In 1838, it was noted as a Muslim village in the Nazareth district.[19] It was found "small and unimportant", with the visible ruins of a Christian church.[20]

Victor Guérin visited in the 1875, and noted "Among the houses may be remarked the remains of an ancient edifice, measuring twenty-two paces in length by ten in breadth, and built from west to east. It was once constructed of cut stones and a certain number of courses are still standing. The interior is now occupied by a private house and a stable, above which rises the medafeh—a house set apart for strangers. In all probability this was a Christian Church.[21]

In 1881, the Palestine Exploration Fund's Survey of Western Palestine (SWP) described Deburieh as "A small village built of stone, with inhabited caves; contains about 200 Moslems and is surrounded by gardens of figs and olives. It is situated on the slope of the hill. Water is obtained from cisterns in the village."[22]

A population list from about 1887 showed that ed Deburieh had about 300 inhabitants; all Muslims.[23]

British Mandate era[edit]

In the 1922 census of Palestine, conducted by the British Mandate authorities, Dabburieh had a total population of 602, all Muslim,[24] which had increased in the 1931 census to 747; 728 Muslims and 19 Christians, in a total of 170 houses.[25]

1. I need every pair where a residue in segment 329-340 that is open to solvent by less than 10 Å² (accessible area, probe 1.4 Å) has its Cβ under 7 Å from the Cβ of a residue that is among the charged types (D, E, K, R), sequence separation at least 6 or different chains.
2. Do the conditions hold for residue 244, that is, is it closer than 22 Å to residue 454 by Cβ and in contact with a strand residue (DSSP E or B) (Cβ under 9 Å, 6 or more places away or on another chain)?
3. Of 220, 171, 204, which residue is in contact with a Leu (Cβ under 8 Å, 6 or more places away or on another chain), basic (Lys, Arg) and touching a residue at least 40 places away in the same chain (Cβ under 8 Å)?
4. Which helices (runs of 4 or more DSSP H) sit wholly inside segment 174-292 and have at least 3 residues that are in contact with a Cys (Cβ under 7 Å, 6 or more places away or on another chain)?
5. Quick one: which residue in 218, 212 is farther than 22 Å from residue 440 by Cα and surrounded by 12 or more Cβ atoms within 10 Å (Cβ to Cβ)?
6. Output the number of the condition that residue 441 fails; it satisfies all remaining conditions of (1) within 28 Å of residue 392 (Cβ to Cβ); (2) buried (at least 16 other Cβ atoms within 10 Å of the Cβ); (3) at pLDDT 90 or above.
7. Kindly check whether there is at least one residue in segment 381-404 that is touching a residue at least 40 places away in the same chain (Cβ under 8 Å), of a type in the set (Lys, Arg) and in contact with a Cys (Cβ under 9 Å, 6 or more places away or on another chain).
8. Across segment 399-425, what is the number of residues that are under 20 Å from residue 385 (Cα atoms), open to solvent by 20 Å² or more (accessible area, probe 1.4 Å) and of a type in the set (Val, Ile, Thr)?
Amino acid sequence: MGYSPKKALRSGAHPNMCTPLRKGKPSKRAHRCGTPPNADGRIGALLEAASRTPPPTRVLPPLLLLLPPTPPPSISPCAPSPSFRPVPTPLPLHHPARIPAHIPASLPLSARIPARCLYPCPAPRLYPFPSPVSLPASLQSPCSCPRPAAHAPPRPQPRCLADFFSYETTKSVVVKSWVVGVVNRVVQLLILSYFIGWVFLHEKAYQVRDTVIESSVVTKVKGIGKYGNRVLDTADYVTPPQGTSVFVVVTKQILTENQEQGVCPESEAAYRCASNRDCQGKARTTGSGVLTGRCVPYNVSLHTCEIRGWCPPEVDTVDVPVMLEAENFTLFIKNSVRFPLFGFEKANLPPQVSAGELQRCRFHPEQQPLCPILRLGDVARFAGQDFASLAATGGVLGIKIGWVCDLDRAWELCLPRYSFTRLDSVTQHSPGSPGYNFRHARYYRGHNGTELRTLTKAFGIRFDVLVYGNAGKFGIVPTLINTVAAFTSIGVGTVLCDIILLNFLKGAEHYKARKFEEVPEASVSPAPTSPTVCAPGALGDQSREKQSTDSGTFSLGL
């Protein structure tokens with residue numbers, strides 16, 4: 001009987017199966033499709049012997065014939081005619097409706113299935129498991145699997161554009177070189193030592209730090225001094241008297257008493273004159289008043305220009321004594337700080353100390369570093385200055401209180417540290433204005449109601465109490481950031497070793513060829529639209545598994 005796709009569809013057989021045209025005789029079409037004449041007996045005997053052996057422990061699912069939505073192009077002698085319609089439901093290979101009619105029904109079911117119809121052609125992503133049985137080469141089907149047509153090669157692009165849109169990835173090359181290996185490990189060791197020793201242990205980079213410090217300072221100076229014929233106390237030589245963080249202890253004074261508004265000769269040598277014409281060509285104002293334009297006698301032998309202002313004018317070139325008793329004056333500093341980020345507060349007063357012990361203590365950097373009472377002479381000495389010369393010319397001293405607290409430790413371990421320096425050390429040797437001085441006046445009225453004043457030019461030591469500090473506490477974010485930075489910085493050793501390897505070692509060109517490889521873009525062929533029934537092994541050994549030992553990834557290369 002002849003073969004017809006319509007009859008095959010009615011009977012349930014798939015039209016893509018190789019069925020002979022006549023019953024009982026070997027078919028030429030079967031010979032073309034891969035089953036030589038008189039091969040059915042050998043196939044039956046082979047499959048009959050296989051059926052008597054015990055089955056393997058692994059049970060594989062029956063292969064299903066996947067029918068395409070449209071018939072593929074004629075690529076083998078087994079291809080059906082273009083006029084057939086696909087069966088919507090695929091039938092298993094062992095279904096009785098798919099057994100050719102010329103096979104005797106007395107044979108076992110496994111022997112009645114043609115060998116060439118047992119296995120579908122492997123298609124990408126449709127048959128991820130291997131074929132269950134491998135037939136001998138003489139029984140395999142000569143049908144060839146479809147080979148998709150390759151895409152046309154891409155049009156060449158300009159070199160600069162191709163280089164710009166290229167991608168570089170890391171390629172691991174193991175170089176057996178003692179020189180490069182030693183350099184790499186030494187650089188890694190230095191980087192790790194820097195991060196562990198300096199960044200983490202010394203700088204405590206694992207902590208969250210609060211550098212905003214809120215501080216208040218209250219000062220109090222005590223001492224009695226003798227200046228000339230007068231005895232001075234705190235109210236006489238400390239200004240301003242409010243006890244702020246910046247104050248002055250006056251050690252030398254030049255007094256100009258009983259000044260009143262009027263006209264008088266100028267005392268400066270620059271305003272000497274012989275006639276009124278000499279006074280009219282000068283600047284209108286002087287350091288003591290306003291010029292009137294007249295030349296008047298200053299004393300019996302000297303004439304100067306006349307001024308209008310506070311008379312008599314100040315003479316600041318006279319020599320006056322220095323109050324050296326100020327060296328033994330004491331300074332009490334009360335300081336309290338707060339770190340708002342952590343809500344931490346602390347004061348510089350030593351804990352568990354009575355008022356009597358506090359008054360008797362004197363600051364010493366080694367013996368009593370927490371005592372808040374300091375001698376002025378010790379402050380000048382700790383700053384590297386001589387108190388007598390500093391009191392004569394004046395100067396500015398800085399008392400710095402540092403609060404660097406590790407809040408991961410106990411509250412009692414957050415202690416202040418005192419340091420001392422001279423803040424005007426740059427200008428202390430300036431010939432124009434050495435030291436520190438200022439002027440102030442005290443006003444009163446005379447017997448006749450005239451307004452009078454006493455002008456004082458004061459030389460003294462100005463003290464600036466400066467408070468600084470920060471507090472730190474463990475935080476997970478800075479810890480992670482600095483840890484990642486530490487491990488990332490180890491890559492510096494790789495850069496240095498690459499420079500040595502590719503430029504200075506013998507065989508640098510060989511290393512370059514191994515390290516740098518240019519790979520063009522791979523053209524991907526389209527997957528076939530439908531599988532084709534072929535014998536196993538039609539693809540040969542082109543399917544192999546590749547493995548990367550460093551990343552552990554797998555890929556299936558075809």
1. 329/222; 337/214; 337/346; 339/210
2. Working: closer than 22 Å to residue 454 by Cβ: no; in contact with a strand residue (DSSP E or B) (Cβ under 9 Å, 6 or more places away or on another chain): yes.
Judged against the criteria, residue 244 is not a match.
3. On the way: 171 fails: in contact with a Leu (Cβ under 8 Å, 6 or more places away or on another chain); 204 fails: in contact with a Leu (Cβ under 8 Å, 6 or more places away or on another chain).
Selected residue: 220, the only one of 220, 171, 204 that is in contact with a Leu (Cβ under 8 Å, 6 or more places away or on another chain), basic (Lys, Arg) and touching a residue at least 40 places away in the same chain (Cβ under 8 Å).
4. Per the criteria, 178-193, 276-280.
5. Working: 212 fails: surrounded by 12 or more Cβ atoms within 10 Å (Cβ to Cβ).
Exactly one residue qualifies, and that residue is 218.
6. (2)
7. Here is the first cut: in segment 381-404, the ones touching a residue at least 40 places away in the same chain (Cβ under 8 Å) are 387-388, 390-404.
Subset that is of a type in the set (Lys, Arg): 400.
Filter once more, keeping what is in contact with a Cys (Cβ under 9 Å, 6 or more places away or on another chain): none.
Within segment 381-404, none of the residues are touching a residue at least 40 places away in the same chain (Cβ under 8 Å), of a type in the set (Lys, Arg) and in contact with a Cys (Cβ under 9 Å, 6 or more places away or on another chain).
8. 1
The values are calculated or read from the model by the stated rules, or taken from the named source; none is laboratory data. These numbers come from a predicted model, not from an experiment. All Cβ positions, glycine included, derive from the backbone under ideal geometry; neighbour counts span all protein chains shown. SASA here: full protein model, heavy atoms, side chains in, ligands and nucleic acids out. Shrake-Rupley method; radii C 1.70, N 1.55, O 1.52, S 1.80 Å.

In the 1945 statistics the population was 1,290, 1,260 Muslims and 30 Christians,[26] with 13,373 dunams of land, according to an official land and population survey.[27] Of this, 723 dunams were for plantations and irrigable land, 12,581 for cereals,[28] while 65 dunams were built-up land.[29]

Contemporary events[edit]

In 2008 and 2009 Daburiyya High School received the National Education Award, achieving second and third place. It was the first time that a school in Israel has won the award twice in a row. The principal, Abed Elsalam Masalcha, attributed the positive developments in the school to the introduction of a Transcendental Meditation program which solved student discipline problems.[30]

In 2009 the Israeli Education Ministry said it would shut down the town's high school of sciences, which had 210 students that year, because it was operating without a permit. The school, located in a building intended for a housing project, specialized in biology, physics, chemistry and computer science and had a 100% matriculation success rate. It was a branch of the I'billin-based Mar Elias School. According to the local parents' association, the school was opened because the local high school had become "chaotic and the police needed to frequently intervene between students."[31]